Inside the illegal immigration scheme targeting Atlantic Canada
Recruiter says it charges $170K to secure fake jobs and permanent residency for immigrants
On some foreign immigration websites, the Atlantic provinces are touted as having the "lowest bar" for permanent residency in Canada — all you need is $170,000 and a willingness to work a few months for no pay.
It's a job-offer scheme that's become known as the "golden ticket" for potential immigrants, particularly from Asia, who are willing to fork over large sums of money in order to quickly secure a new life in Canada.
The problem with the pitch? It's illegal.
Interviews with immigration experts, lawyers and licensed consultants — along with extensive correspondence and conversations between CBC and a recruiting agency that boasted it breaks the rules — shows how widespread this type of scheme appears to be in Nova Scotia, New Brunswick and Prince Edward Island.
"There are a lot of people who have gotten away with it and have gone undetected and are permanent residents, or employers who have participated in this kind of fraud," said Erica Stanley, a licensed immigration consultant in Charlottetown.
"It's gone undetected because if it's all in cash under the table, there are no records."
The target of the illegal schemes is the Atlantic Immigration Pilot Program, which was launched by the federal government in 2017 to help fill gaps in local labour markets and is monitored provincially. The program includes a major perk — those who immigrate under it are granted permanent residency within six months.
In theory, businesses apply to it to find workers for positions they cannot otherwise fill. The difference from other programs that grant permanent residency is that potential immigrants deal directly with employers, with little government oversight of the recruitment and negotiation process.
The problem is that so-called "ghost" agencies are taking advantage of weaknesses in the program. They convince immigrants to turn over sometimes tens of thousands of dollars, paying off select companies to hire the person for no pay or to simply forge their payroll.
For several weeks, CBC News posed as a Chinese couple in correspondence and phone calls with WonHonTa Immigration Service, a Toronto-based recruiting agency that claims to match potential immigrants with businesses in the Atlantic region.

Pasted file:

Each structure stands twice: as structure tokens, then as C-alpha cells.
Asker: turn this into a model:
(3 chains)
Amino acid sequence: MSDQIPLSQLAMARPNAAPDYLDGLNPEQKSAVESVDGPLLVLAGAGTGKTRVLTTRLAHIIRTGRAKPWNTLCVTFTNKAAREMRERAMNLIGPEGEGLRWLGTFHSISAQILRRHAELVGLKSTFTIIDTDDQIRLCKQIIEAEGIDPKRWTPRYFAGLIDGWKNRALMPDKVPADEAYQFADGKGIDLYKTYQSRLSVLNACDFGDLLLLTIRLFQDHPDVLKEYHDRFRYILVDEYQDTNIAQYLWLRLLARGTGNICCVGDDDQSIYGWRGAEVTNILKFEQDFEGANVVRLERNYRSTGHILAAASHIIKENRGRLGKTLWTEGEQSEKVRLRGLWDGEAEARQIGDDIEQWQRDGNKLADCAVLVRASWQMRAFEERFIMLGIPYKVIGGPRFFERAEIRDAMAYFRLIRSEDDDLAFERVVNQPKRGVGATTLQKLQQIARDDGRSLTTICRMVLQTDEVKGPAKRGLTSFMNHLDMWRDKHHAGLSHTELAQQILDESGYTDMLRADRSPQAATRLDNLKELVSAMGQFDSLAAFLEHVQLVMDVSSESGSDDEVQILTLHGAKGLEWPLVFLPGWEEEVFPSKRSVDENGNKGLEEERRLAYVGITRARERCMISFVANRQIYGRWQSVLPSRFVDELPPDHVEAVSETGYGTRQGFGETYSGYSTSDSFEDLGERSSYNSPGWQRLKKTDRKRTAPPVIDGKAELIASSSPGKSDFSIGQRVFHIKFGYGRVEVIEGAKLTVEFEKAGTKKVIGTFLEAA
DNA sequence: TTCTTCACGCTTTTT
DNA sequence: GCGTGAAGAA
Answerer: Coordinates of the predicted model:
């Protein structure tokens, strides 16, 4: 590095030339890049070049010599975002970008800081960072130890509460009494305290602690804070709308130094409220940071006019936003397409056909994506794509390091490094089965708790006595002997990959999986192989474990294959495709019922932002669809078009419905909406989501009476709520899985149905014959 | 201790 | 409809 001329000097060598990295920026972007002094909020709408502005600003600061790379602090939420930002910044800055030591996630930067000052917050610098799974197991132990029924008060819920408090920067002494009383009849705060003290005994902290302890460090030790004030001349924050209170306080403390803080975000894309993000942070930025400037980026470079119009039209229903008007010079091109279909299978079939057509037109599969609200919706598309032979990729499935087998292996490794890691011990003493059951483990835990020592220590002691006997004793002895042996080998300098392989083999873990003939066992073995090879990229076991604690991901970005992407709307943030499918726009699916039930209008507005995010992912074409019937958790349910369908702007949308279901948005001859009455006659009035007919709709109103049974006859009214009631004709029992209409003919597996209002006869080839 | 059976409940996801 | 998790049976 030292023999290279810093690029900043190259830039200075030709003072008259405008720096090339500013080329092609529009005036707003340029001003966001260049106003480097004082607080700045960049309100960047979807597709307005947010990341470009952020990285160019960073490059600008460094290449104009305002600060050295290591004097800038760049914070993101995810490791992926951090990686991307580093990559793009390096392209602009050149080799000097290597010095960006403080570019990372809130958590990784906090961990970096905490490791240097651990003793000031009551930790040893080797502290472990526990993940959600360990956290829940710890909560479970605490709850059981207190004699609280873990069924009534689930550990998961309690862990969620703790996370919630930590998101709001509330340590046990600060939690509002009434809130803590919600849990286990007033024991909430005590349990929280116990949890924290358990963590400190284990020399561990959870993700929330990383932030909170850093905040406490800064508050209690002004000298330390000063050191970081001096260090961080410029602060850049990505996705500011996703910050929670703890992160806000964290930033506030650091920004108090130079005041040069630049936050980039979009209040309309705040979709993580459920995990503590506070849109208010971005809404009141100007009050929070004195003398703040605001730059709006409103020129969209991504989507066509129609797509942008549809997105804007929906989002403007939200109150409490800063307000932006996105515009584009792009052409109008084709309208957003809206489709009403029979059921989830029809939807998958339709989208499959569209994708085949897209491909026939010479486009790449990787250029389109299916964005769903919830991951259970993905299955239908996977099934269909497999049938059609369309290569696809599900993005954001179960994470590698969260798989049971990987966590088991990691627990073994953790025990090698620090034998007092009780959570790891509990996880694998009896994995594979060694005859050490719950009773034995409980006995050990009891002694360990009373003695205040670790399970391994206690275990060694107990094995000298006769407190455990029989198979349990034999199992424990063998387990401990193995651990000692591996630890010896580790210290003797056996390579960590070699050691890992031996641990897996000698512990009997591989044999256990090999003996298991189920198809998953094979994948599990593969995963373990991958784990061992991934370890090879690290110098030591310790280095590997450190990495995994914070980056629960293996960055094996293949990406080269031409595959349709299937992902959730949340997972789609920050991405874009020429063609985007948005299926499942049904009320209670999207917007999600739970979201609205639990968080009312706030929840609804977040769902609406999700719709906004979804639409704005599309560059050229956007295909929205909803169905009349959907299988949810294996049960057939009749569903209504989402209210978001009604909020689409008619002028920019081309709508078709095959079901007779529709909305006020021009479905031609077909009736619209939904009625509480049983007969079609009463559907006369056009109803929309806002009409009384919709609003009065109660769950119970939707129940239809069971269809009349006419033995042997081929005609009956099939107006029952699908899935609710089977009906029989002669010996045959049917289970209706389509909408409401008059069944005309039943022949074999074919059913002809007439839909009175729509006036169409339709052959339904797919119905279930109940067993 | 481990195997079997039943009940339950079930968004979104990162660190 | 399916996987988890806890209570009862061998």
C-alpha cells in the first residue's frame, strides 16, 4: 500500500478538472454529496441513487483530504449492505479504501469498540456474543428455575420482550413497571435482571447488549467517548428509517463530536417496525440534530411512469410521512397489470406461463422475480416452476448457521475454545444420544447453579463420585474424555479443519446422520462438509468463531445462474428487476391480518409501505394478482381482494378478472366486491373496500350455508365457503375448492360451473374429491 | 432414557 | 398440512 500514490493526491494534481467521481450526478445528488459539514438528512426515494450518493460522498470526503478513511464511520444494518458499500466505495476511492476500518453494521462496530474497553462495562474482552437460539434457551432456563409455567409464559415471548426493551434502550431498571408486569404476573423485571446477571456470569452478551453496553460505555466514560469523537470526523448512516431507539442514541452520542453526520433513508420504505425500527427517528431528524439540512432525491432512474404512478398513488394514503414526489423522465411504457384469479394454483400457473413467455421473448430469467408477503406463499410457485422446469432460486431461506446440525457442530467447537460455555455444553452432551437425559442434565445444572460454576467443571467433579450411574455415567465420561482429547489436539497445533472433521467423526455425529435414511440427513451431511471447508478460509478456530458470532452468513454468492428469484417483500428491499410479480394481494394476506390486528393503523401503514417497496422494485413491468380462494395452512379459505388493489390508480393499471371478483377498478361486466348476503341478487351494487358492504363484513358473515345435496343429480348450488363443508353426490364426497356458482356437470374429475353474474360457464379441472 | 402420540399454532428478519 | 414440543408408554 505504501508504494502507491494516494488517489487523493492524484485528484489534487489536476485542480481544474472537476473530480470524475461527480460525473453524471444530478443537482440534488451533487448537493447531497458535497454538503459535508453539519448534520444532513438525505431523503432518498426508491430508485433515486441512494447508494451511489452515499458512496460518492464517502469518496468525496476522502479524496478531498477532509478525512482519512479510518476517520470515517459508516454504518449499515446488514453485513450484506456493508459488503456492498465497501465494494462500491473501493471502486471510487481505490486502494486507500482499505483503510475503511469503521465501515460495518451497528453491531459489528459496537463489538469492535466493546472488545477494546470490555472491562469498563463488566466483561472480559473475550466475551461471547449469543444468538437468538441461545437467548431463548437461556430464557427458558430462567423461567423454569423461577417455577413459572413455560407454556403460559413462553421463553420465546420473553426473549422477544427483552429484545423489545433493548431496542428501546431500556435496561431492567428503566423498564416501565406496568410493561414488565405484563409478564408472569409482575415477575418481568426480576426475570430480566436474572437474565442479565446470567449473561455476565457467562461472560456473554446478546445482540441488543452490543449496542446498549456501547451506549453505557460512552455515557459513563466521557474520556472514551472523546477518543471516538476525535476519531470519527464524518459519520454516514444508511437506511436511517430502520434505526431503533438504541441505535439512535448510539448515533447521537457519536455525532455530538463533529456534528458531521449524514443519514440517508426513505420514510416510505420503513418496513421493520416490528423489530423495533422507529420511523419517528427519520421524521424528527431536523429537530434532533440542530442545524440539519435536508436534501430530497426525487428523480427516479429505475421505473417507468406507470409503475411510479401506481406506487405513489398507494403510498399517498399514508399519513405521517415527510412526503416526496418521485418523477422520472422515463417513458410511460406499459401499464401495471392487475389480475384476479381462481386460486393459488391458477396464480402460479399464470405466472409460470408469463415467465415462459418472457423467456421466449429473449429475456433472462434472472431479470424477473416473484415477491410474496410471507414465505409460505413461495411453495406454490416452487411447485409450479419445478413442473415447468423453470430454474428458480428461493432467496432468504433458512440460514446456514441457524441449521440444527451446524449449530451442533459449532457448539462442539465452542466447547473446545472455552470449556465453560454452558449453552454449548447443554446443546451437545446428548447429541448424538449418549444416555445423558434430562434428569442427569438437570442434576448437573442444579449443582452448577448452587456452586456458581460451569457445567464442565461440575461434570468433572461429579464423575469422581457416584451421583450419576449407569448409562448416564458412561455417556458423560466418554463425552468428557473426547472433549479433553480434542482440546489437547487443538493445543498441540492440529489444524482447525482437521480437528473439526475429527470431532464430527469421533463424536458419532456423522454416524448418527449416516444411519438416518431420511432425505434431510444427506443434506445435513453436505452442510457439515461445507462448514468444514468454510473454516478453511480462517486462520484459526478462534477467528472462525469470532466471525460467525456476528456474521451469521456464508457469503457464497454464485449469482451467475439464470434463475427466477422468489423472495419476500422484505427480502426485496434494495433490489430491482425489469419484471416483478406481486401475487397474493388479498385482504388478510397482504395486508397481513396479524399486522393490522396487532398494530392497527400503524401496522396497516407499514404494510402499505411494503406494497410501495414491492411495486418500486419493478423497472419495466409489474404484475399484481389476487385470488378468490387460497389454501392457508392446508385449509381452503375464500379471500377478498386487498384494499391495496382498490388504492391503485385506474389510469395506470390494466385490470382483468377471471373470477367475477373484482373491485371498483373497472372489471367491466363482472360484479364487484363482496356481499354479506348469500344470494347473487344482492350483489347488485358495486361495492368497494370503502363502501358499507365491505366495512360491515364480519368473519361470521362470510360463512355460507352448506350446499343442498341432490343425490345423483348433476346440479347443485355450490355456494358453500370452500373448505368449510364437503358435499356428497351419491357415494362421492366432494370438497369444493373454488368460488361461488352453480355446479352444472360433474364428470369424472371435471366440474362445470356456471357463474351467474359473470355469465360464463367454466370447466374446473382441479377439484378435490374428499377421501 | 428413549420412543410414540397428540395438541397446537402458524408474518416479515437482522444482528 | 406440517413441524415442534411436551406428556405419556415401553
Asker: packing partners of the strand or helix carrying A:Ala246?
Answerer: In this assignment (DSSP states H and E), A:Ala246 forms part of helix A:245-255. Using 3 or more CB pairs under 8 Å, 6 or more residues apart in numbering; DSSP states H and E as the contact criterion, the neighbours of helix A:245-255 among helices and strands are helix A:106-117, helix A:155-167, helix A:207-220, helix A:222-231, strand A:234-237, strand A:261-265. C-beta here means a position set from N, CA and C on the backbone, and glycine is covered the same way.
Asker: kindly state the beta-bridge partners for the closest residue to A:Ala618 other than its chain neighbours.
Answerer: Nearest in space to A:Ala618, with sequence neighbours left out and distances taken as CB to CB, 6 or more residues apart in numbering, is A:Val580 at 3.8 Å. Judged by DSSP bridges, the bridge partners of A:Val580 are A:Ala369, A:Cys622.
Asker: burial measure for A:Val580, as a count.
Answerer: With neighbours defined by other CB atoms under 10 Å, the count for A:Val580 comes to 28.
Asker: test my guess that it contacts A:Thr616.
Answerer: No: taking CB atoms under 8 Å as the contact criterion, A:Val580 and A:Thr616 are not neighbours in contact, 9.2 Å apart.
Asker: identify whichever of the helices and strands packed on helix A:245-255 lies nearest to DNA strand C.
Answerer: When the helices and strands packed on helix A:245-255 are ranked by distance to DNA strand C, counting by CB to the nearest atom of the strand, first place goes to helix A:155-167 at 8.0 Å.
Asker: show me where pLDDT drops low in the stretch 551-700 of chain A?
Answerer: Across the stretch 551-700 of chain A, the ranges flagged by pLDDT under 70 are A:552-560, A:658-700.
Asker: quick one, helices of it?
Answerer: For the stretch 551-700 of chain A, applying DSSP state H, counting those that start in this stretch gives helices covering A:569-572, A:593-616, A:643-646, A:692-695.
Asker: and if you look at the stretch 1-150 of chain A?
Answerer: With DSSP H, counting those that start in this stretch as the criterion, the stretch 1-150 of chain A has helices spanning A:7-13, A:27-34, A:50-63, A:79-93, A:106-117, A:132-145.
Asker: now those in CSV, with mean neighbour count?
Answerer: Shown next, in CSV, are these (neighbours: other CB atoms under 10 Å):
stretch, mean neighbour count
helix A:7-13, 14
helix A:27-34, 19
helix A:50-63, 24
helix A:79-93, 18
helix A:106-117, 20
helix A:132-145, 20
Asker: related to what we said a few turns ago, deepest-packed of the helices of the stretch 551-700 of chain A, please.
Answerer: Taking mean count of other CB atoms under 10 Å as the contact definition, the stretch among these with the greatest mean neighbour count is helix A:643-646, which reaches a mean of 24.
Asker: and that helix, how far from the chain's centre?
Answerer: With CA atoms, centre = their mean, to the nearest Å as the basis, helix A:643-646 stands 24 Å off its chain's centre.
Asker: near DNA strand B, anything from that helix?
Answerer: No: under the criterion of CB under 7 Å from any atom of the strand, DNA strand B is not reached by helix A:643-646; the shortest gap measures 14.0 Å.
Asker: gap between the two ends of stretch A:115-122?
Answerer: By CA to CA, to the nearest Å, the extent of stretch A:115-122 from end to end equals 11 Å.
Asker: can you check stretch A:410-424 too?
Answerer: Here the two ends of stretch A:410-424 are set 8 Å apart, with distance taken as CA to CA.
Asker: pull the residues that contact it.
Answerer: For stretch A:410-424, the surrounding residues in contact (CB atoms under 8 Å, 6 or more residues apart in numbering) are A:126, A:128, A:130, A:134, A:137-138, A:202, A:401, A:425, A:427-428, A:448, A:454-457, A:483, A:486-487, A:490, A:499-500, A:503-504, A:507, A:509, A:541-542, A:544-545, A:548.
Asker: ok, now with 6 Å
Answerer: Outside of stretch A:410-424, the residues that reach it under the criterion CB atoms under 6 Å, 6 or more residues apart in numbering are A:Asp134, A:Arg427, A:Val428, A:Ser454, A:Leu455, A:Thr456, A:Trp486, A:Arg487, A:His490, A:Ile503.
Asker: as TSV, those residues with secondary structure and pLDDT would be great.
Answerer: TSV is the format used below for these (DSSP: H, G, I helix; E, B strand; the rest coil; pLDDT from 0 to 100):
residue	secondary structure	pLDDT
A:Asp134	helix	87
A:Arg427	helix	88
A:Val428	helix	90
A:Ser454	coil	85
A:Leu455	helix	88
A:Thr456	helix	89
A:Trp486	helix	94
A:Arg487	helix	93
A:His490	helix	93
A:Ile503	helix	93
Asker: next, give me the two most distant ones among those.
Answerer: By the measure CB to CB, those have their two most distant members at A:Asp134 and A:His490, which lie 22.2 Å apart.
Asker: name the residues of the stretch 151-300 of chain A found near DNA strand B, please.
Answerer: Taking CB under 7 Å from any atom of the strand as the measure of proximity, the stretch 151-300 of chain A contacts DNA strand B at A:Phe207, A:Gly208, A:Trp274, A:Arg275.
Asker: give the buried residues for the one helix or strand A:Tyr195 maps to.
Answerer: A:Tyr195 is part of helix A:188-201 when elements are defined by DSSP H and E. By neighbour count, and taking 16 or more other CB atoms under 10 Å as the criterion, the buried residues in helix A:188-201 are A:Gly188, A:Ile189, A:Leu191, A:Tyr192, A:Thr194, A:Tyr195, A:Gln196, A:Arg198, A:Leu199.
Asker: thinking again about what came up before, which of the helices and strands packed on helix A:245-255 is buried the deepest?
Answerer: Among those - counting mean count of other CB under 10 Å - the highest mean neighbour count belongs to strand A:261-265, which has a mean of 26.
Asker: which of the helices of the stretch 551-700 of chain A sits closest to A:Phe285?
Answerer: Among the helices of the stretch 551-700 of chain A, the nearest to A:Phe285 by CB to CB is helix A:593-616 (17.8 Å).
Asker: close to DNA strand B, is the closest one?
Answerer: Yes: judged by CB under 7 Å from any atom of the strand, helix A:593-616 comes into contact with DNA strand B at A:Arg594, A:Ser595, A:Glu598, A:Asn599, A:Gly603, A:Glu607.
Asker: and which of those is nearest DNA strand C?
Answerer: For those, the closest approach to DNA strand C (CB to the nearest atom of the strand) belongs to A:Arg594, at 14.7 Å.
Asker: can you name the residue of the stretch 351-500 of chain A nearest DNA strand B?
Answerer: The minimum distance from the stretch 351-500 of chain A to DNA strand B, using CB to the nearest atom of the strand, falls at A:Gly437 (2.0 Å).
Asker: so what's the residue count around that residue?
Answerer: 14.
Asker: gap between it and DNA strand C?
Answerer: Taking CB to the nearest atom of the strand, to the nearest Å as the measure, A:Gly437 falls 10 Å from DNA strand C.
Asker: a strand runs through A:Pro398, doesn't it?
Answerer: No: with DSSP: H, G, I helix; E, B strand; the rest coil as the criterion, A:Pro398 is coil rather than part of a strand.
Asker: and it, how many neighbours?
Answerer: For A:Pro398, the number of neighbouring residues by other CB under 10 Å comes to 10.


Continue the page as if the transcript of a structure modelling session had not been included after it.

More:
WonHonTa had posted an article on WeChat, a social media and messaging platform popular in China, explaining how the "vast majority" of people use the Atlantic immigration pilot.
"Employers want profit, applicants want identity (PR residency), and both sides have their
demand in common," said the article. "Well, you pay money, I hire you. Salary is also paid by applicants, and recorded on books monthly."
How it works
Jiacheng Song, a manager with the China-based affiliate of WonHonTa Consulting Inc., told an undercover CBC journalist he works directly with businesses to ensure all transactions are done through personal bank accounts to avoid taxes.
"To be frank, we have employers who work with us," Song wrote. "We pay them money, they are willing to sponsor our clients for immigration."
CBC's undercover reporter also spoke with the "boss" of WonHonTa's head office in Toronto, Liu Xin. She said if a client chooses not to work at their designated job, the employer will simply create the necessary paperwork.
"If you don't work for the employer, we can ask him to issue a pay stub, but it's not real pay," she said. "Your paycheque is just for show. Only to make the paper trail look good."
In that situation, the immigration applicant would be required to pay the employer taxes that would have been paid if the applicant was actually on the job.
After weeks of correspondence, WonHonTa offered CBC a position at a Halifax-area daycare and provided a sample contract that would require a payment $170,000.
When CBC News pushed for a name, the company said it was "Daydreams."
Daydreams Childcare Center in Bedford, N.S., denies any involvement with WonHonTa Consulting Inc.
"I don't know anything about them and I have never had business with them," said Colleen Dempsey, co-owner of Daydreams.
Dempsey said she hired a staff person with an open work permit, then decided to apply through the Atlantic Immigration Pilot Program to make them full-time. She said she has never considered hiring another employee.
"We're a small business and I built it from the ground up, and I certainly don't appreciate my name being thrown around in those regards. I am protective of my business in that sense because it is one of my babies," said Dempsey.
She said Daydreams and other companies on the designated employers list for the immigration program are vulnerable to scams because the business names are public.
"I'm assuming that my name may have been pulled from there by somebody, but I'm not sure." Dempsey said.
WonHonTa has also posted several "success cases" and job postings from New Brunswick, including a position for a sewing machine operator in Saint John.